Cows are notorious for lazily standing around, nonchalantly chewing their cud while staring into space. Ambitious cows may also spend some time swatting the occasional fly with their tails. It is a simple life, constantly inundated with bouts of flatulence and burps. In fact, the global cattle population is the largest contributor of methane gases in the atmosphere: The Environmental Protection Agency (EPA) estimates that cattle “account for about 28% of global methane emissions from human related activities”.
There are 1.2 billion cows in the world, each equipped with four stomachs full of flora that release gases during the digestive process. Each cow emits over 600 liters of methane created when bacteria in their gut break down all the fibers swallowed by the animal. Globally, livestock produces 80 million metric tons of methane annually! That is a whole lot of gas.
|How will small family owned dairies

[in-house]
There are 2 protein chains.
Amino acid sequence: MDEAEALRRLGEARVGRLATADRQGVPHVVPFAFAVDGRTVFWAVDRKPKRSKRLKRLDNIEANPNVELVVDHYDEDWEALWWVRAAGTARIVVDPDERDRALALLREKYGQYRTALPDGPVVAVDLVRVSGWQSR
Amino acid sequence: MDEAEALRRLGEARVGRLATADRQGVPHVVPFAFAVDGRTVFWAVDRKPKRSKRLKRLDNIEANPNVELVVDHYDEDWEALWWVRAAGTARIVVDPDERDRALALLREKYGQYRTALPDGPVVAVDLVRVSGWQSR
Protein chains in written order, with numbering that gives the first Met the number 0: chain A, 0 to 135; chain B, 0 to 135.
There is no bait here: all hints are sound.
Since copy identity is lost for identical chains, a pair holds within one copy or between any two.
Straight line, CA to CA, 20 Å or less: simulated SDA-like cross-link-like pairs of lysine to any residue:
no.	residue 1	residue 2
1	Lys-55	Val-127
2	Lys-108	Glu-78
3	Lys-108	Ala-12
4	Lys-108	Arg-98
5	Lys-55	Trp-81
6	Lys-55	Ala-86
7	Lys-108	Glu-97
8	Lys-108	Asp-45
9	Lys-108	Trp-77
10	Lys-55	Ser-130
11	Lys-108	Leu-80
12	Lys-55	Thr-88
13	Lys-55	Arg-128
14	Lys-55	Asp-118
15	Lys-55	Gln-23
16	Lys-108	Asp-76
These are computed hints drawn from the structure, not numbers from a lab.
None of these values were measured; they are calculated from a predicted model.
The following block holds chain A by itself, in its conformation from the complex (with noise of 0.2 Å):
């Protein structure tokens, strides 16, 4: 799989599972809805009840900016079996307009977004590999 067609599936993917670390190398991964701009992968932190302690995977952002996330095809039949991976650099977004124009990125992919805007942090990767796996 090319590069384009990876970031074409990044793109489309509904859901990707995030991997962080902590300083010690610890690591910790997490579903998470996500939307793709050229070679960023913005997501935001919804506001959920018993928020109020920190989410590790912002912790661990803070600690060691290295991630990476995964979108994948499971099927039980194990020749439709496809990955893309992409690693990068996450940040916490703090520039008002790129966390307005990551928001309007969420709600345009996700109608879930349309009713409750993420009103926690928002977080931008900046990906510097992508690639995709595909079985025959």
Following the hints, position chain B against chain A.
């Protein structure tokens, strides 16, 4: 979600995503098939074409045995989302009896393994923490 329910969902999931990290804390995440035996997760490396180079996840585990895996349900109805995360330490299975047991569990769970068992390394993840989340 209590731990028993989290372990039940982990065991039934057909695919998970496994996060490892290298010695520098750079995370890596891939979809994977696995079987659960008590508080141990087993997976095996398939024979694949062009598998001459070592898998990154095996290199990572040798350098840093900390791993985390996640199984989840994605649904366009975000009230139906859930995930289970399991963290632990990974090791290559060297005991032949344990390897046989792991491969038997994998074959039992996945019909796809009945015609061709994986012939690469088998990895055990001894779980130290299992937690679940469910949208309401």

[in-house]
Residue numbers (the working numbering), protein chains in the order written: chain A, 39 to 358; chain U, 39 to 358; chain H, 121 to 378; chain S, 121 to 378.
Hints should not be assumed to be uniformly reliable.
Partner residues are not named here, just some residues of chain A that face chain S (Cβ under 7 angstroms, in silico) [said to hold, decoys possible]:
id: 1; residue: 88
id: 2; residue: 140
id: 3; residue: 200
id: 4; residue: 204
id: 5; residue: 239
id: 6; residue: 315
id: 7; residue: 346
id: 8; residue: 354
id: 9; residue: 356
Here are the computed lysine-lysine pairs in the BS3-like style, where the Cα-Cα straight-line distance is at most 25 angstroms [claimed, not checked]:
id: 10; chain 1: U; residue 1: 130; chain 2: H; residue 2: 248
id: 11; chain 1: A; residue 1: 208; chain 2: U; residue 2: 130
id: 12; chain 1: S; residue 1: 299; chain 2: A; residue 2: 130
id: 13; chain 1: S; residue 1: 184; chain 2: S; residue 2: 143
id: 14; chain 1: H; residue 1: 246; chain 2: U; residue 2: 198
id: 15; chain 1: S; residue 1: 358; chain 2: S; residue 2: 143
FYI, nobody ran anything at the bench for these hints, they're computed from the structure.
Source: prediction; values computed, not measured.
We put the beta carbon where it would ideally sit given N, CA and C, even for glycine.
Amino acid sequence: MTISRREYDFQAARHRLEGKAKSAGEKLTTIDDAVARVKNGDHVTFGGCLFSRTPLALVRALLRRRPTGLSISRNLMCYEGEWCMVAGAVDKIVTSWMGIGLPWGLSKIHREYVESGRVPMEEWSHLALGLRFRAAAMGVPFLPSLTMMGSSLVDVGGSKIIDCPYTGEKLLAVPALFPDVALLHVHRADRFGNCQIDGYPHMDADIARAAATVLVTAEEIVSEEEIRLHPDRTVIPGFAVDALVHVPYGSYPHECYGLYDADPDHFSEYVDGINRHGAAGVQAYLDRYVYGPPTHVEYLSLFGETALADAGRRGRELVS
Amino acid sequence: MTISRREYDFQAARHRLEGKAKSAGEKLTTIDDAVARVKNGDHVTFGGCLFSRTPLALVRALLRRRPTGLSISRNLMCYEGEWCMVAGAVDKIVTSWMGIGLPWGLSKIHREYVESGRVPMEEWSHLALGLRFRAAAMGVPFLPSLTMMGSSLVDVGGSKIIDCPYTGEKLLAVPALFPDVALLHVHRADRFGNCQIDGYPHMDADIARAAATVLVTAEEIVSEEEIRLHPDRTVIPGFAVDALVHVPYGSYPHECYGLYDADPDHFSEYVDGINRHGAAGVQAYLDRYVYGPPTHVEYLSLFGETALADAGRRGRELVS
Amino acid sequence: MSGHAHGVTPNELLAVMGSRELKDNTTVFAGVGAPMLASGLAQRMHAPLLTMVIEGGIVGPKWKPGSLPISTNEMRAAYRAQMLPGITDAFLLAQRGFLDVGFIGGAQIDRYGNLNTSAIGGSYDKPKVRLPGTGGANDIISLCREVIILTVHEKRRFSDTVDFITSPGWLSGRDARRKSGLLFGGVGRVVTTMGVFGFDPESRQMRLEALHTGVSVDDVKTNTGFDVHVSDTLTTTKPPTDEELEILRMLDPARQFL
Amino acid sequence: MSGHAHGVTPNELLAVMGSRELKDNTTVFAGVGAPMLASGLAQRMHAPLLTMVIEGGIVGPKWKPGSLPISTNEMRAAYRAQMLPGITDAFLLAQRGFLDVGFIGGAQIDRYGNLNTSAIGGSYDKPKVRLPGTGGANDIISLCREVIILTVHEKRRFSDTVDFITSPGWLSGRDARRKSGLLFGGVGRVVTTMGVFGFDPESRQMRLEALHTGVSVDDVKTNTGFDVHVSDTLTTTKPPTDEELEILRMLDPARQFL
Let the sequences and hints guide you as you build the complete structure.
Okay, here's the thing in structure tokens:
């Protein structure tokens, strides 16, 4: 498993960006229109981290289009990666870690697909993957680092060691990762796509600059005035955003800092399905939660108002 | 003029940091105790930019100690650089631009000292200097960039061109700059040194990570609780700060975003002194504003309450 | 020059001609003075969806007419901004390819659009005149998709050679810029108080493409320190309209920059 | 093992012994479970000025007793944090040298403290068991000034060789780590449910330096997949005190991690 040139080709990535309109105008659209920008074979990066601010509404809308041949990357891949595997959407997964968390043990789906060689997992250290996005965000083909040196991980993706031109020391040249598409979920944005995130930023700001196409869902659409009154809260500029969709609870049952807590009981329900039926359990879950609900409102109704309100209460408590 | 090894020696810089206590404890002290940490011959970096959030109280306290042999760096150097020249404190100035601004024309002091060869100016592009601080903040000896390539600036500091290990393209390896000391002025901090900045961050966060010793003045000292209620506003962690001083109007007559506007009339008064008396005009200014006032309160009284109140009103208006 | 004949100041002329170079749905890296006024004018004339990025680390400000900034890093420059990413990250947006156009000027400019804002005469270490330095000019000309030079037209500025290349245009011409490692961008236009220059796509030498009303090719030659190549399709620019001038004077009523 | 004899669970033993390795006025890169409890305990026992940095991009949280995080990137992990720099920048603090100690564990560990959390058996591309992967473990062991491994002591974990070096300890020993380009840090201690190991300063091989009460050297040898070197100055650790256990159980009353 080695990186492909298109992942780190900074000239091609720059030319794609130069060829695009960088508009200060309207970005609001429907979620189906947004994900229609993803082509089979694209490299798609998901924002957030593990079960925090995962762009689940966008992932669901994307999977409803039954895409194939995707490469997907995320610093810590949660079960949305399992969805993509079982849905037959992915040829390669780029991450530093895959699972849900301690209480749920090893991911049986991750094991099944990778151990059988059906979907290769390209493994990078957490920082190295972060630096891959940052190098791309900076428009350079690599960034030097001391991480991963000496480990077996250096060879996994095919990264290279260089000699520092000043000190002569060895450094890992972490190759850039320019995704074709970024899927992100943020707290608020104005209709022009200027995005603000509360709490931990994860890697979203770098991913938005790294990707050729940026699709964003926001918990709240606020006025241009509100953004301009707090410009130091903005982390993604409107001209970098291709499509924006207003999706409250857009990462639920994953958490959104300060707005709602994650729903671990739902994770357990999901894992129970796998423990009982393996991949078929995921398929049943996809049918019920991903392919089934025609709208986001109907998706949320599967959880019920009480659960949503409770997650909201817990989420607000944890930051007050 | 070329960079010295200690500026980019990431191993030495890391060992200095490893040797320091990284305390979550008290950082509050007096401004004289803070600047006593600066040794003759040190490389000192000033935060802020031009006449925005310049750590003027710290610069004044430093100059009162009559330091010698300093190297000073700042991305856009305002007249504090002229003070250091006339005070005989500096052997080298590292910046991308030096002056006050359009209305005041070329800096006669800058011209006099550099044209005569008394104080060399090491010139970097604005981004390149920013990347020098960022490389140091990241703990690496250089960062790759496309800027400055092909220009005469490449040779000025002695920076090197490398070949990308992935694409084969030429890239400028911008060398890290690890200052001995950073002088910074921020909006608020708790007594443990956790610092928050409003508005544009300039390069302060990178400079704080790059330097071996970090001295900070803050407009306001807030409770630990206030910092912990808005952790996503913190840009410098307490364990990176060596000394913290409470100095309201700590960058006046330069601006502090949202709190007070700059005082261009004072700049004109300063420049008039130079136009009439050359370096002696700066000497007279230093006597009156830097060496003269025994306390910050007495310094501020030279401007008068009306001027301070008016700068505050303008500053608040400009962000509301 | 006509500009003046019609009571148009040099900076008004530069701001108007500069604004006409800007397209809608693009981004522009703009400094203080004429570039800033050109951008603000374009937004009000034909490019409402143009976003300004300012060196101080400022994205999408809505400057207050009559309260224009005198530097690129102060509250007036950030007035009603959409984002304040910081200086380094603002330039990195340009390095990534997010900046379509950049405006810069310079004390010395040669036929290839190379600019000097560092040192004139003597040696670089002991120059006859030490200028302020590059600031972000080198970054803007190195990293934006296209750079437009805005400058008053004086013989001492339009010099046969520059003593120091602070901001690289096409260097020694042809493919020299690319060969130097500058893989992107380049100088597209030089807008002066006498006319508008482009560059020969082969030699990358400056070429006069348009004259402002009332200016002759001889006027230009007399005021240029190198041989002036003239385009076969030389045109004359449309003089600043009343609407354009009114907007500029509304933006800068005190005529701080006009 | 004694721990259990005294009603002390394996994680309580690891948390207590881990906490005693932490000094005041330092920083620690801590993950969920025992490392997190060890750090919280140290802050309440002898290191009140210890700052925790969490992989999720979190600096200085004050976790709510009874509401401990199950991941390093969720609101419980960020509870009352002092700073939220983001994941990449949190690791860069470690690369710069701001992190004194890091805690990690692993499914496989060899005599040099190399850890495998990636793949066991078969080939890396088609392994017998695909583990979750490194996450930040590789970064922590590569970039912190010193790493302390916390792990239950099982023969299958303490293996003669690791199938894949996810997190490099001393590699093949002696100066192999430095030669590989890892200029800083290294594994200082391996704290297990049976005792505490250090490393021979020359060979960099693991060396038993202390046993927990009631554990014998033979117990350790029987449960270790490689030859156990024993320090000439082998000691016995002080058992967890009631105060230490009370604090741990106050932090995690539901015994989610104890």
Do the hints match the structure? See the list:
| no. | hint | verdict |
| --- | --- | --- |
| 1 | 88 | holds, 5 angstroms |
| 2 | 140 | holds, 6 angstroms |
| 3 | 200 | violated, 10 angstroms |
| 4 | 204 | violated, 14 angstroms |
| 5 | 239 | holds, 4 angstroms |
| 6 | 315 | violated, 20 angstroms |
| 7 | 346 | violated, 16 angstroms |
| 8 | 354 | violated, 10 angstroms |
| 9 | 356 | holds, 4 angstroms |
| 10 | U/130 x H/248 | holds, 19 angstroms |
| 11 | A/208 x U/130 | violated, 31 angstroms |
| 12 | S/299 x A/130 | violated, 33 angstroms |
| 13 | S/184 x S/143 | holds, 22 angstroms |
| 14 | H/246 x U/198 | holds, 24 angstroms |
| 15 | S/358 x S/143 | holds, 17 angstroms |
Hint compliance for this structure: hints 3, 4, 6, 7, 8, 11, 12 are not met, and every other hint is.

be able to afford the state-certified
consultants to track animal emissions,
fill out mandatory reports, and meet
their methane-offset obligations?
Argentina’s National Institute of Agricultural Technology conducted a unique study that tested the amount of methane released by individual cows. Methane is a concern, since it is 23 times more effective than carbon dioxide at absorbing heat.
Researchers attached plastic inflatable packs to the cows. Once the cows adjusted to having a red balloon strapped to their backs, they began eating as usual and provided researchers with the required data: The ‘balloon’ backpacks soon filled up with gas collected by an attached tube than ran from the device to the cows’ stomachs. This gas was then analyzed, allowing researchers to determine that an average 550 kg cow released over 800 liters of methane daily. This is much more than expected and provided evidence that cows could account for 30% of methane emissions in Argentina
In order to reduce to the amount of methane released, cows are occasionally fed grasses that are easier to digest than grains like alfalfa. Gramina, an Australian biotechnology company, is even engineering a special grass that will help cut down on all the bovine burping.
Burping is considered rude at the dinner table, but who knew it was such a big environmental issue?
Check out more info at the Epa’s ruminant livestock page
Related article can be found at Reuters